Brexit’s Stickiest Point: The Irish Backstop
UK Prime Minister Theresa May has been unable to convince her own party to pass the Brexit deal she negotiated with the European Union because of its backstop provision. What is it, and why does it matter?
The Irish backstop is an attempt to avoid renewed instability in Northern Ireland, but opponents say it could keep the United Kingdom trapped in the European Union’s customs union forever. The dispute could determine the future of Brexit.
As the March 29 deadline to leave the European Union approaches, the UK Parliament has not yet passed Prime Minister Theresa May’s deal with the EU. May’s biggest obstacle has been opposition from within her own coalition; many pro-Brexit members of Parliament (MPs) worry that the agreement’s so-called Irish backstop will keep the UK enmeshed in the EU.
What is the backstop?
The backstop is an effort to avoid a hard border between the Republic of Ireland and Northern Ireland. Northern Ireland is the only part of the UK that shares a land border with another country.
There are good reasons to worry about the Irish border. It was at the heart of the Troubles, a thirty-year period of sectarian violence that ended with the 1998 Good Friday Agreement. It was once heavily militarized, and militias targeted the border checkpoints patrolled by British soldiers. The peace process was able to all but abolish visible signs of the border, because both Northern Ireland and the Republic of Ireland were part of the EU customs union and single market, which provide for free movement of goods and people.
Brexit means Northern Ireland will leave the EU, bringing back the border. Violence could return along with it, especially if the border is reimposed suddenly. May agreed to the backstop to make sure that Northern Ireland remains in an arrangement with the EU akin to the single market until another trade deal is in place. If the backstop comes into force, Northern Ireland will continue to follow most of the single market’s rules. Mainland Great Britain will remain in a customs union and therefore have to keep following many EU regulations.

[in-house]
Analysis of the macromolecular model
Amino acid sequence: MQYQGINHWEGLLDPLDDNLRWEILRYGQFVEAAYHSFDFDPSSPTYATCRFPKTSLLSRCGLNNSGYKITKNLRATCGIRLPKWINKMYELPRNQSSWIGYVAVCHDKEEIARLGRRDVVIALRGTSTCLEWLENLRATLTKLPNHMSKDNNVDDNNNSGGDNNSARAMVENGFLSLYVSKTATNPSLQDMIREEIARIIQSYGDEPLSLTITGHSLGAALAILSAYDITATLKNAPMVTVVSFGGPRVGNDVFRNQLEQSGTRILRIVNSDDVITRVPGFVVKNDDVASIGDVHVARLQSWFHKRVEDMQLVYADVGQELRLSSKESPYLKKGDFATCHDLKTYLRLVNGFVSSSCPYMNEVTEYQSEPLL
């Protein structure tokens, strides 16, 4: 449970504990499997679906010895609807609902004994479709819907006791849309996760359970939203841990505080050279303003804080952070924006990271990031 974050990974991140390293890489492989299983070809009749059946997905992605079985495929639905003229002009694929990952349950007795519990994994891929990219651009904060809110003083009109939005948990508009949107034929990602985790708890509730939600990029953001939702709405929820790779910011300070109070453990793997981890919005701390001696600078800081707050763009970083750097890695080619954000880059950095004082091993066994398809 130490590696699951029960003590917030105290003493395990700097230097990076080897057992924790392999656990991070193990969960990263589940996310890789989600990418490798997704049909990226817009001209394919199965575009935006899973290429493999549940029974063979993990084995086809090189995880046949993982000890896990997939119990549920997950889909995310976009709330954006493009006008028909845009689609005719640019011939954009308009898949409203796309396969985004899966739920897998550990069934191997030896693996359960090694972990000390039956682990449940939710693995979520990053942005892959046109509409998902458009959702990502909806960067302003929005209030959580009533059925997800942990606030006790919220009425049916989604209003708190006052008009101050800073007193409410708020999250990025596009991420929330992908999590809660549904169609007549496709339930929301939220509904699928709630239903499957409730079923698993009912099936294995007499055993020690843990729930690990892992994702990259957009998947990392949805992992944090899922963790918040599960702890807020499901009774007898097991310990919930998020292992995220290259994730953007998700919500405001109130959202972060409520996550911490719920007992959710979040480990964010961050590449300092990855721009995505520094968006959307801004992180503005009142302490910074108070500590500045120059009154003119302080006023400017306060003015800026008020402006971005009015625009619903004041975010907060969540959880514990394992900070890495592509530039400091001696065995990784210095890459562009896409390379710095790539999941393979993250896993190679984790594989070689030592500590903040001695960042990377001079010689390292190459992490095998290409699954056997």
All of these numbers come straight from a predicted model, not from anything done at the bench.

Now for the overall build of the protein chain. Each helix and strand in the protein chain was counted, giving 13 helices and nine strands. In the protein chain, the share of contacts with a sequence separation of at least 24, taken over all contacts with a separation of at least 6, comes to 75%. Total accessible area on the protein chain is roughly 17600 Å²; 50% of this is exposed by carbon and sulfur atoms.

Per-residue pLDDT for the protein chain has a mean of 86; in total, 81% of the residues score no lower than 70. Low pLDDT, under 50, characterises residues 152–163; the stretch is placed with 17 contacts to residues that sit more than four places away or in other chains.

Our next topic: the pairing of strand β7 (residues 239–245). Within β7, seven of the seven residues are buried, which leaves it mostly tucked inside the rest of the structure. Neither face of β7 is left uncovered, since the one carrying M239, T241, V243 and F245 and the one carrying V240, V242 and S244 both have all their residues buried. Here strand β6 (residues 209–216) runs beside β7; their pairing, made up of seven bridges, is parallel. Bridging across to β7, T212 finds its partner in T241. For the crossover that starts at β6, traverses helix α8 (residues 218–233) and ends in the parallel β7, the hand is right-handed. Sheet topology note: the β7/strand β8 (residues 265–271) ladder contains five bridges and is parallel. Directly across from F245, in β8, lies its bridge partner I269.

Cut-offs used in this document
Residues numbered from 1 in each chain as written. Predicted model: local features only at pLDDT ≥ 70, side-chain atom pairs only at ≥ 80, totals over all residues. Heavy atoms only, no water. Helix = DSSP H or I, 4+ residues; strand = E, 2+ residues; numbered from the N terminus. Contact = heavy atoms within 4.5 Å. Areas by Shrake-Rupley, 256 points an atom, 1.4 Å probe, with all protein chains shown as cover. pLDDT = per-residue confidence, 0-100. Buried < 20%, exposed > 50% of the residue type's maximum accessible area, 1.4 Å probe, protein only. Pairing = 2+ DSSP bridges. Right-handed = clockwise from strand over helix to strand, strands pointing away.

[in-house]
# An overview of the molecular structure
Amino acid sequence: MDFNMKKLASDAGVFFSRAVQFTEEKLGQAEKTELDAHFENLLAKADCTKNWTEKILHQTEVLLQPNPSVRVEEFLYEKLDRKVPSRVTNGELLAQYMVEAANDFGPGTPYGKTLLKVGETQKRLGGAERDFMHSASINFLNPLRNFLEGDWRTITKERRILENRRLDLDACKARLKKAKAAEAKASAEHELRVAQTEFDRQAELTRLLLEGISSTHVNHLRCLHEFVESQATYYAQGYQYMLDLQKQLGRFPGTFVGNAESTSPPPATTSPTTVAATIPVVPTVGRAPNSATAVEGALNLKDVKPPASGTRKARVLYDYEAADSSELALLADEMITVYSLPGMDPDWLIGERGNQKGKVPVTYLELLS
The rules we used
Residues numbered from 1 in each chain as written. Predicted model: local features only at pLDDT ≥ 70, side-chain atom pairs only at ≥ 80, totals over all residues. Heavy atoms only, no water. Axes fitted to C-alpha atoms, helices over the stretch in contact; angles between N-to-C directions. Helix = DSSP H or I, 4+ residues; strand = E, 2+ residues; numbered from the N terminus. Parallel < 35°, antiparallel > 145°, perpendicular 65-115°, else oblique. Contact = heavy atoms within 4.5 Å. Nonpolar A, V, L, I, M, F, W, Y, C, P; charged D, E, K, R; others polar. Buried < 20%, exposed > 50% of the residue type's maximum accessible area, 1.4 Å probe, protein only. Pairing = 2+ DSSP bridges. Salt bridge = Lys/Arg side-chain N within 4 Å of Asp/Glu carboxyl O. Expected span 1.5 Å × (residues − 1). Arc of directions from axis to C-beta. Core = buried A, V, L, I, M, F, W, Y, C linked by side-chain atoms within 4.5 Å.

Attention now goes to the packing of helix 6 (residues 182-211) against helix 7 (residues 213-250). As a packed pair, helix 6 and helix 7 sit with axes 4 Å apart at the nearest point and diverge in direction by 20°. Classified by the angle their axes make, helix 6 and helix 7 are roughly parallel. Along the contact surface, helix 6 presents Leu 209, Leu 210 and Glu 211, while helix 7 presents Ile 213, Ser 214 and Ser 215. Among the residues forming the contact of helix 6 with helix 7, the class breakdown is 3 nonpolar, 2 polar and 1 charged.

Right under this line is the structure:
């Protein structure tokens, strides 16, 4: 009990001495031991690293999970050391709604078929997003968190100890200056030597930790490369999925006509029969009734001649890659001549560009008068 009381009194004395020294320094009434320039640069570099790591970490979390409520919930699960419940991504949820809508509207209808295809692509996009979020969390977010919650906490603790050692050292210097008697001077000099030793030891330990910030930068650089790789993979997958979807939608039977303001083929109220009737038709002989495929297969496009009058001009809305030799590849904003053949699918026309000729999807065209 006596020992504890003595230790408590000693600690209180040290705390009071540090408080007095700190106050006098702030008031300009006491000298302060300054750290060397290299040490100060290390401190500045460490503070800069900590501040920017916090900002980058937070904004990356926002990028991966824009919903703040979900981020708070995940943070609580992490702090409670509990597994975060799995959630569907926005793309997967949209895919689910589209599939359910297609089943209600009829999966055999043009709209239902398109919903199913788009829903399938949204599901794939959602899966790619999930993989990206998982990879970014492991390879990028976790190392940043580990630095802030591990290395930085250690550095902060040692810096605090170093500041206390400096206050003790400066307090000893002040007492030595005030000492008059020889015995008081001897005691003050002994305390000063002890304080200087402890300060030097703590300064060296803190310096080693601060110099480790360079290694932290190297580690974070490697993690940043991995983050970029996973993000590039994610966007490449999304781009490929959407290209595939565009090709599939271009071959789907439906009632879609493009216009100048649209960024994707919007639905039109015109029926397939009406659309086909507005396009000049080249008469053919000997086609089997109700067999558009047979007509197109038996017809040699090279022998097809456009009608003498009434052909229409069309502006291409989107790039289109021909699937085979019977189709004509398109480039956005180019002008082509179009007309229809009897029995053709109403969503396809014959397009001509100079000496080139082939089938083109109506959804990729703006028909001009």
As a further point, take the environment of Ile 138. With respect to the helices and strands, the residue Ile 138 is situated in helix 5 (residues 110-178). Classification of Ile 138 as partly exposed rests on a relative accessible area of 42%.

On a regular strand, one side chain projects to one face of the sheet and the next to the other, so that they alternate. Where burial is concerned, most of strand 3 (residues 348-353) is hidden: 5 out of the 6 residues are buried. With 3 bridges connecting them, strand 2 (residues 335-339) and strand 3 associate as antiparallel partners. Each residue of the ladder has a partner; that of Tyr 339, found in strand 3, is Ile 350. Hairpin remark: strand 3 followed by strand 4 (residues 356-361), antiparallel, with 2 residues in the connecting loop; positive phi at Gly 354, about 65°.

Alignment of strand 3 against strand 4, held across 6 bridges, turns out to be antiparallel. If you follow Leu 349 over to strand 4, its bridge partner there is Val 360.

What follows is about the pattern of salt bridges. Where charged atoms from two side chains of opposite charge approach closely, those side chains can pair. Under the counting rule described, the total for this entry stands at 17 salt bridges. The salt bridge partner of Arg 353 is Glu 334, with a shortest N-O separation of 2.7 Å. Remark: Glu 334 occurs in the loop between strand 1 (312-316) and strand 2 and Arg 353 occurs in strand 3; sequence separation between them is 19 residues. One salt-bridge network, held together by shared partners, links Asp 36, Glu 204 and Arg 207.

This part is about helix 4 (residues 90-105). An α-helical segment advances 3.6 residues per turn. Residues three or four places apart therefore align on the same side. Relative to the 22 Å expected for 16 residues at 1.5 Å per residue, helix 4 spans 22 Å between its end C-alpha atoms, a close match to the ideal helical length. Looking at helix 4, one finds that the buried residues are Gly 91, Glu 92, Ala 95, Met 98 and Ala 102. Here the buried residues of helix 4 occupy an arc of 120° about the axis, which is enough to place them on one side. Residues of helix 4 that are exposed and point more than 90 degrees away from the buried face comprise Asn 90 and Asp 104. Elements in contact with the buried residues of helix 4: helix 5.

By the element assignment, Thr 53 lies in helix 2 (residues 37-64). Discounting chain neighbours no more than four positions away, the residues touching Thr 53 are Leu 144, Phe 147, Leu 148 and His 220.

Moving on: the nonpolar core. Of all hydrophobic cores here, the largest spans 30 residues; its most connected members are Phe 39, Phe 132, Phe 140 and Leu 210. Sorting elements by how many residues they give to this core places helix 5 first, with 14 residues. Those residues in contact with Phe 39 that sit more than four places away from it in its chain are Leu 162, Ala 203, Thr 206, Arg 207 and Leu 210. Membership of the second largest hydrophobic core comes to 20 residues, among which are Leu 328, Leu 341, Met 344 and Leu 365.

Meanwhile, under May’s plan, the UK and EU would continue negotiating a permanent arrangement. The UK hopes that technological advancements, such as a virtual customs system, could eventually sidestep the need for border checks altogether. It’s a hope the EU sees as unrealistic.
Why do Brexiteers oppose it?
There are two main arguments against the backstop.
First, Brexiteers worry it could become permanent, forcing the UK to follow the bloc’s rules without getting any say in making them. For MPs who want to take back control of trade and immigration, that’s untenable. They won’t support May’s deal without an explicit end date for the backstop, something the EU has flatly rejected.
Second, Northern Ireland’s unionists, who back a strong union with London, worry that the backstop could create a “two speed” UK if Northern Ireland remains subject to more EU regulations than the rest of the UK. An implicit border in the Irish Sea, they say, would isolate Northern Ireland. This argument carries particular weight because May’s parliamentary coalition relies on ten MPs from Northern Ireland’s main unionist party.
So what are the options?
Parliament has already voted down May's deal twice, both times by historic margins. With the deadline approaching, May will have to ask the EU for an extension, which requires the unanimous support of all twenty-seven other members. If the EU agrees, some believe the Labour Party will then team up with moderate Tories to pass a Brexit deal that permanently keeps the entire UK in the EU single market, resolving the border issue. If the EU doesn’t agree, a hard Brexit, including Irish border checks, could become a reality.
More radical eventualities are also on the table: Northern Irish nationalists have called for a referendum on whether Northern Ireland, whose residents voted against Brexit in the 2016 referendum, should unify with the Republic of Ireland. In that case, the border issue could end up threatening the United Kingdom itself.